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Thread: Is there a net of a sphere?

  1. #1 Is there a net of a sphere? 
    Forum Junior anticorncob28's Avatar
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    The answer is NO, as far as I know. vsauce told me that Carl Friedrich Gauss was the first to prove that it is impossible to make a flat map of the earth that does not distort shape or size. If nobody could prove it until Gauss came around, I'd assume it must be a pretty complicated proof. But I recently came up with something:
    Suppose that there exists a way to cut a sphere such that it can be laid flat on a plane, and that all straight lines remain straight lines, and all areas, lengths, and angles remain the same. We are also going to
    assume that the flattened map can be folded back up into a sphere also. Then, on the flattened sphere, draw a triangle. What do it's angles add up to? 180 degrees. Now fold it back into the sphere. All the line
    segments remain line segments, but the angles cannot remain the same measure since they now add up to strictly more than 180 degrees.
    In fact, if it's true that all the angles in an equilateral triangle are congruent on a sphere, then there's a way of proving this without using the angles: in the net, draw six equilateral triangles with a common
    vertex. If you fold it into a sphere, the result cannot be six equilateral triangles with a common vertex, because the angles must strictly be greater than 60 degrees, and six of them add up to more than 360
    degrees and it cannot fit around a point. Therefore, these figures can no longer be equilateral triangles.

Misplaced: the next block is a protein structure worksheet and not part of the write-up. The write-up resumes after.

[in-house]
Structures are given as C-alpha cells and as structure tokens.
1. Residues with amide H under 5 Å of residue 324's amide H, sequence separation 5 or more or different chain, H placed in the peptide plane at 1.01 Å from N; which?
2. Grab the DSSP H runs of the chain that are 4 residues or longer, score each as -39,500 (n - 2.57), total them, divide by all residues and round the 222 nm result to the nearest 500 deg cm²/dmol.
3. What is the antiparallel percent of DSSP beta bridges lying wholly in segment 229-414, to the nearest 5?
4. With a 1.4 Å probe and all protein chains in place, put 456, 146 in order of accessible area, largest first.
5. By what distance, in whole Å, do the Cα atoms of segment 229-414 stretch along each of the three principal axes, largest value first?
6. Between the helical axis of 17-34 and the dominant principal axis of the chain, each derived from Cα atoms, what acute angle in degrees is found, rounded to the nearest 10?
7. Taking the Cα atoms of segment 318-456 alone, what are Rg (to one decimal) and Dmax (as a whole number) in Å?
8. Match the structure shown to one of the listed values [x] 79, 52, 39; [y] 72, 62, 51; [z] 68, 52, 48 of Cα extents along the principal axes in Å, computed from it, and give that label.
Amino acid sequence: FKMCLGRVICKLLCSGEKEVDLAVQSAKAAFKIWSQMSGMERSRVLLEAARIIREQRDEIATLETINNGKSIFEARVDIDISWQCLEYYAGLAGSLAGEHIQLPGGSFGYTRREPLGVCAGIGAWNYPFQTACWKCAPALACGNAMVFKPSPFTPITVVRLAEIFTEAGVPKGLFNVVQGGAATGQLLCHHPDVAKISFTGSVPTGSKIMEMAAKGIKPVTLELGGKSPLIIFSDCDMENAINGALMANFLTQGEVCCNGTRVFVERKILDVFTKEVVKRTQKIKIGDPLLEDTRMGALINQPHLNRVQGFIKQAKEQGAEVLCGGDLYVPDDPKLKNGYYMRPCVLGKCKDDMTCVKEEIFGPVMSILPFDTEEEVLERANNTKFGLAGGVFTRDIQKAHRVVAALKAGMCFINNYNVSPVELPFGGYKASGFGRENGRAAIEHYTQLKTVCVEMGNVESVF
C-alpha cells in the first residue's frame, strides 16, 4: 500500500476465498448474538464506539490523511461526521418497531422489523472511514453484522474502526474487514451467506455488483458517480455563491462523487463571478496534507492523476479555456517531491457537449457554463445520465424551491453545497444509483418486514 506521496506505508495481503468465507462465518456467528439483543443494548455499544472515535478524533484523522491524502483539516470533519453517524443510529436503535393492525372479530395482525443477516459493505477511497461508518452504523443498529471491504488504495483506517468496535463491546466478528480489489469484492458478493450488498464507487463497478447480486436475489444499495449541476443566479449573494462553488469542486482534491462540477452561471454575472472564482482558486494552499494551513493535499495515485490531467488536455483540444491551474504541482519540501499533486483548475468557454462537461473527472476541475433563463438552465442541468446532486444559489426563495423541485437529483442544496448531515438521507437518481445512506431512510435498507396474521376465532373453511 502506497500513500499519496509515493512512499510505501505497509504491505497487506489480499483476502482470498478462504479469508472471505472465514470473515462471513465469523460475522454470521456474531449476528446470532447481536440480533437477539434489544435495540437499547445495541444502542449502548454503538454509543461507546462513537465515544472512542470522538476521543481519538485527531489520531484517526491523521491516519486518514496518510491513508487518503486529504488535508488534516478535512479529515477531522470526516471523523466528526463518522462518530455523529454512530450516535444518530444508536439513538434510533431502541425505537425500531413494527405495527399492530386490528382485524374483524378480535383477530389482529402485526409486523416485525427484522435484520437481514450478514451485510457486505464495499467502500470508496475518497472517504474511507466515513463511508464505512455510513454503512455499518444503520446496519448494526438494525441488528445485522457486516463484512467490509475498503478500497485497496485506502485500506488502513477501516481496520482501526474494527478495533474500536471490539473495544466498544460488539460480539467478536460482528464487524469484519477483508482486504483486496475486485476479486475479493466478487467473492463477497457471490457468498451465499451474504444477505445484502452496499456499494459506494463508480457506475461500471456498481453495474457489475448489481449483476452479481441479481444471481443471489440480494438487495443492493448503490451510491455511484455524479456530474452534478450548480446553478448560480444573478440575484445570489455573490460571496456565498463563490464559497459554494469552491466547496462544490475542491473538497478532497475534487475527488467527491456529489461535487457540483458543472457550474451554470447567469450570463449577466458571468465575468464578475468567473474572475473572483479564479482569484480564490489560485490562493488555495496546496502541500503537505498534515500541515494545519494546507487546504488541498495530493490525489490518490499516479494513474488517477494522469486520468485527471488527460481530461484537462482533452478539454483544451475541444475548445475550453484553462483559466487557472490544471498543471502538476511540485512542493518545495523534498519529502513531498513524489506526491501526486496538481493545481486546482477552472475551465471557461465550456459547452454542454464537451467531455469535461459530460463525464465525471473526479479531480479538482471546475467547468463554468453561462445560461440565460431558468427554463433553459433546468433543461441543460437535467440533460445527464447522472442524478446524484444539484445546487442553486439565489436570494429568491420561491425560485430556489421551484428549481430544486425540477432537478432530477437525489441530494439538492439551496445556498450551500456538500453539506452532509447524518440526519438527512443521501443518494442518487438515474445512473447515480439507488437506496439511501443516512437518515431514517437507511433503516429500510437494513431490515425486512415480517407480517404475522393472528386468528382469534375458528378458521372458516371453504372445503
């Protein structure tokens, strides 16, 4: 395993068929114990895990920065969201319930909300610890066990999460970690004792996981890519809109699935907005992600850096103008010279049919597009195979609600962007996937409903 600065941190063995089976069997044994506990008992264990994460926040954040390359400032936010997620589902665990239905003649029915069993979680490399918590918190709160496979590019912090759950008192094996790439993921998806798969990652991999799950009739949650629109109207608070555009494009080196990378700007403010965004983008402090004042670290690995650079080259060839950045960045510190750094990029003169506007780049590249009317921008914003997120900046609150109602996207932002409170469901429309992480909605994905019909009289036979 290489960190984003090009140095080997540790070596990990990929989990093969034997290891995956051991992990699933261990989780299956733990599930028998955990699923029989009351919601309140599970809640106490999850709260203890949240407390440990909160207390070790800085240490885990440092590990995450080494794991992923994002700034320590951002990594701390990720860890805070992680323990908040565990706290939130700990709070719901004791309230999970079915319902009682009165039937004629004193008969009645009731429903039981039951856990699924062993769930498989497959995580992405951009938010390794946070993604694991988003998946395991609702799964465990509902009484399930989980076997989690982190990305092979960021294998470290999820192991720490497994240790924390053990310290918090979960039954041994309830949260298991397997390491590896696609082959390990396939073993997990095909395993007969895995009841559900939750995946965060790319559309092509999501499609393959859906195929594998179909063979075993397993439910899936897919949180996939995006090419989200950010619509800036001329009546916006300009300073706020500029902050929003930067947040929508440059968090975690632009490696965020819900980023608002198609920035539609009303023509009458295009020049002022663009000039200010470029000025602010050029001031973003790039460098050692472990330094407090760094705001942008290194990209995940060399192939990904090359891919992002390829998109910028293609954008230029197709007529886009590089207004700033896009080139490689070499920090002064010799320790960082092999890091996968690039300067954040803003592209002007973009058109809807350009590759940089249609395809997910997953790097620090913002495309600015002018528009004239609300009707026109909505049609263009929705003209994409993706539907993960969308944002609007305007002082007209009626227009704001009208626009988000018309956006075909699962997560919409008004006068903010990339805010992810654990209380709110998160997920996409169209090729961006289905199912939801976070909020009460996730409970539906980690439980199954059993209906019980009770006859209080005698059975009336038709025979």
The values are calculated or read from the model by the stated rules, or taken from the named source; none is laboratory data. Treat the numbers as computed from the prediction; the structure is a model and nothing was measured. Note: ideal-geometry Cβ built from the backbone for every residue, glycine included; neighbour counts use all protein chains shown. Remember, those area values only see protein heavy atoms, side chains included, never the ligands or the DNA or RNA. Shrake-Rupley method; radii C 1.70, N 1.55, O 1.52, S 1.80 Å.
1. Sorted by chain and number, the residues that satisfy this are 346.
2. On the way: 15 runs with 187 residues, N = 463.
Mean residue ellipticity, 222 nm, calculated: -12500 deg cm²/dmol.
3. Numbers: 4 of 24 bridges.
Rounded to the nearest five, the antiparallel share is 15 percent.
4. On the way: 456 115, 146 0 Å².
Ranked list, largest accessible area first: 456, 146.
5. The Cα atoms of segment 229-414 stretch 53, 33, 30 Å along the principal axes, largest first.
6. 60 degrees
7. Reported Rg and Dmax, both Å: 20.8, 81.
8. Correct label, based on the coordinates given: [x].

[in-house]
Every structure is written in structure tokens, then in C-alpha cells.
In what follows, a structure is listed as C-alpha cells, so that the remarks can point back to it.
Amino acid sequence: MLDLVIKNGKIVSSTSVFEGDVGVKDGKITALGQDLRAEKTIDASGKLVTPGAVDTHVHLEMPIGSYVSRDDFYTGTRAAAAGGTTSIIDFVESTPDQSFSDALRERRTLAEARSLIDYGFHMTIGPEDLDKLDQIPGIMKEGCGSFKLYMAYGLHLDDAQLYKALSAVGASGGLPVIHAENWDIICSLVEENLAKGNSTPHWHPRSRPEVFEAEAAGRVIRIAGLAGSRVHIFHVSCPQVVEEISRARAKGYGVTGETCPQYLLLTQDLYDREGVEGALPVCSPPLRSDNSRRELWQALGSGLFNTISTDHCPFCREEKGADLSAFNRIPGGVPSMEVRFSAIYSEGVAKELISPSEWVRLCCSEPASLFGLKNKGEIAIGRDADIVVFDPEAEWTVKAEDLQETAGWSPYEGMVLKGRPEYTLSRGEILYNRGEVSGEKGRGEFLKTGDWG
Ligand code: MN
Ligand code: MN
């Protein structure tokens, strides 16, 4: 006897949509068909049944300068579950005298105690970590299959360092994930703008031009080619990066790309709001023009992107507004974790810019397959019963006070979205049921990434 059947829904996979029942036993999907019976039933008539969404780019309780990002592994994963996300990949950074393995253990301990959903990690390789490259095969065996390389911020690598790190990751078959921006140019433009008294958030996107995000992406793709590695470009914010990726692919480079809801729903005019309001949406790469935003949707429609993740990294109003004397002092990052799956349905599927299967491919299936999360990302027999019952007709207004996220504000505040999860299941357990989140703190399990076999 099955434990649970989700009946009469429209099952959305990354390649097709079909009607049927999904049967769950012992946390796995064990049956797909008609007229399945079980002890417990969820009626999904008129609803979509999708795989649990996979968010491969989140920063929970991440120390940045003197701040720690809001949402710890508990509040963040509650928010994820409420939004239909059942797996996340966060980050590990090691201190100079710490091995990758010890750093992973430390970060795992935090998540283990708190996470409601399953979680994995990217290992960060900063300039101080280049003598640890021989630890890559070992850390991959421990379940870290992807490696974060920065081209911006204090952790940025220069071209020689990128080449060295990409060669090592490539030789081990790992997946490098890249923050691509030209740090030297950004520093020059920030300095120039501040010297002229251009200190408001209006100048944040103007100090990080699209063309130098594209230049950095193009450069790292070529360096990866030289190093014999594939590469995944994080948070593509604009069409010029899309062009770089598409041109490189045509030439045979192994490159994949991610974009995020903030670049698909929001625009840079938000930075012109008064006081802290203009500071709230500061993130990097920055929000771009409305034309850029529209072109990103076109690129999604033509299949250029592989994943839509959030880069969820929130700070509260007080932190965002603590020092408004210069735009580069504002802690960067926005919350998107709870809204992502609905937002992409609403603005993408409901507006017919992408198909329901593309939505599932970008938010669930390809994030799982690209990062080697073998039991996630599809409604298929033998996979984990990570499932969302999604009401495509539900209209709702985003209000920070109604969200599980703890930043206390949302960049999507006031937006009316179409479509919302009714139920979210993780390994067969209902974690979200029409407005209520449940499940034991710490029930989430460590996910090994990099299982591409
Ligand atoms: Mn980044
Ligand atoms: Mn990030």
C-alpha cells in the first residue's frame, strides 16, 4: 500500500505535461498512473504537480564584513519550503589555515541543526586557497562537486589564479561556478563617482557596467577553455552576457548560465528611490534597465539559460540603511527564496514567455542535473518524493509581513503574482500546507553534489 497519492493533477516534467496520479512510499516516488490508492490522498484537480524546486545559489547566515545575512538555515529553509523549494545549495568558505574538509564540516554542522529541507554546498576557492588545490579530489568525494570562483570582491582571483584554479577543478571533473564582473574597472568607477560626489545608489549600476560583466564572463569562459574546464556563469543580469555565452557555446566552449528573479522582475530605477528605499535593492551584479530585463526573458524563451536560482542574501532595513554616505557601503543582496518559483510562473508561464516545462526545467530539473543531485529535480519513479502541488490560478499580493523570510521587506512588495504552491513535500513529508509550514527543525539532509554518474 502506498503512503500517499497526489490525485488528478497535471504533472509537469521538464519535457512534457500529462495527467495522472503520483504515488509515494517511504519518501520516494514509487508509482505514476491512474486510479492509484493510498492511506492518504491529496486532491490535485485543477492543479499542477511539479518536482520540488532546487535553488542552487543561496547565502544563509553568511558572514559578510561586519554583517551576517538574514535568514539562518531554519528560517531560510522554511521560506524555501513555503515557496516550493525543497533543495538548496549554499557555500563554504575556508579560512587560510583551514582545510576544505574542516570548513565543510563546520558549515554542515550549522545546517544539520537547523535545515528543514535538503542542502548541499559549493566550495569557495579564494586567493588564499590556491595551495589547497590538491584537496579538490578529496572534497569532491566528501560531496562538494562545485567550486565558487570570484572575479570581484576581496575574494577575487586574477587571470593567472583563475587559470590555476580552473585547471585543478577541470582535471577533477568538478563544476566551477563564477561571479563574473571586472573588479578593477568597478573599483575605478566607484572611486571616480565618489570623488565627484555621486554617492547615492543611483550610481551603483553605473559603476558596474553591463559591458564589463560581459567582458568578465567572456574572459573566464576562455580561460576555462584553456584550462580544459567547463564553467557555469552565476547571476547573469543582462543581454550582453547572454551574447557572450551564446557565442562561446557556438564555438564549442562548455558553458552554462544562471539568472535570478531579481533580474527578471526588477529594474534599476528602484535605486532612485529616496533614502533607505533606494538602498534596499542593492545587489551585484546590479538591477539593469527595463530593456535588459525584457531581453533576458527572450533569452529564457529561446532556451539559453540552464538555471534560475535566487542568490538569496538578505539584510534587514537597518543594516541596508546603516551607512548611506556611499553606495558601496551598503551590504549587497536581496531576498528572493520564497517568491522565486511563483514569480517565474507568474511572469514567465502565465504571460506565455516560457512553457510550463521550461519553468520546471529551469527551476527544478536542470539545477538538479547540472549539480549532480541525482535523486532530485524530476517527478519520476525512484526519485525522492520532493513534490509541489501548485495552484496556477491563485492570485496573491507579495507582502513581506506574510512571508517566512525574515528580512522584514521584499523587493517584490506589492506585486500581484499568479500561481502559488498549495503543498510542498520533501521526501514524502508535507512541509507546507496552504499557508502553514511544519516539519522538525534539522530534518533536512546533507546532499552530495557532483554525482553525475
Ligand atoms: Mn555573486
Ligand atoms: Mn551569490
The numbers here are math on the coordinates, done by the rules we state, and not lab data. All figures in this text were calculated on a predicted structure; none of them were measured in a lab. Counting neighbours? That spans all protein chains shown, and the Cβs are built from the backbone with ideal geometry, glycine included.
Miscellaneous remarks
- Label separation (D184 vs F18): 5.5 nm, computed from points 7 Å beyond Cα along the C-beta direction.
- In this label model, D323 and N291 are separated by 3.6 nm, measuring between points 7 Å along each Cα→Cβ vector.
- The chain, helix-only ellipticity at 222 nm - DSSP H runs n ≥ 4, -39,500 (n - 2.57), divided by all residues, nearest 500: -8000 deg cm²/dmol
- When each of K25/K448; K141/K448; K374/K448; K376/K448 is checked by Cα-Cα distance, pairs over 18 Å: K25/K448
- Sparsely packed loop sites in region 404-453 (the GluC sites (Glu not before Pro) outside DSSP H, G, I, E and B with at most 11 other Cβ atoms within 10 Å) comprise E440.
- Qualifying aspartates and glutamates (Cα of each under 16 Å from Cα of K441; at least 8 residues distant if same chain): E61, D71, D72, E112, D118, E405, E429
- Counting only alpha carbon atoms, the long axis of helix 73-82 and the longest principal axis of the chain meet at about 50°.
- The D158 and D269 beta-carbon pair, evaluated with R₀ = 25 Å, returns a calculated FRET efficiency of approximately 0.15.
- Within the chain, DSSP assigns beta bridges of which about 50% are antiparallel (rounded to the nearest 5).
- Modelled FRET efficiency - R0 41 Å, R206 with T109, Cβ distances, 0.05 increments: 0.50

Any bending and folding of paper will keep straight lines straight, angles the same, and distances and areas, no?
    Is there something wrong with this? Or is it simply that the geometry of a sphere is strictly different from the geometry of a plane?


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  3. #2  
    Moderator Moderator Markus Hanke's Avatar
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    Any bending and folding of paper will keep straight lines straight, angles the same, and distances and areas, no?
    That depends what you mean by "bending". But your main idea is correct - the intrinsic geometry of a sphere's surface is different from the Euclidean geometry of a flat plane, so there isn't any way to deform a plane into a sphere while keeping all lengths, angles and areas the same. It is impossible.

    If nobody could prove it until Gauss came around, I'd assume it must be a pretty complicated proof.
    I don't know what Gauss's original proof was; I would simply parallel-transport a tangent vector around a small enough, closed path on the surface in question - if the transported vector is the same as the original vector after going around the loop, then the surface is flat on that patch, and is hence isomorphic to a flat plane. If not, then not. To make it even simpler than that, I would ask myself whether or not the covariant derivatives of a tangent vector taken in each direction commute or not; the "proof" then essentially becomes a one-liner


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  4. #3  
    KJW
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    Quote Originally Posted by Markus Hanke View Post
    I don't know what Gauss's original proof was; I would simply parallel-transport a tangent vector around a small enough, closed path on the surface in question - if the transported vector is the same as the original vector after going around the loop, then the surface is flat on that patch, and is hence isomorphic to a flat plane. If not, then not. To make it even simpler than that, I would ask myself whether or not the covariant derivatives of a tangent vector taken in each direction commute or not; the "proof" then essentially becomes a one-liner
    Gauss was the originator of differential geometry, and therefore tensor calculus originated with Gauss. Gauss showed that the curvature of a surface could be derived from the intrinsic properties of the surface without reference to the external three-dimensional space.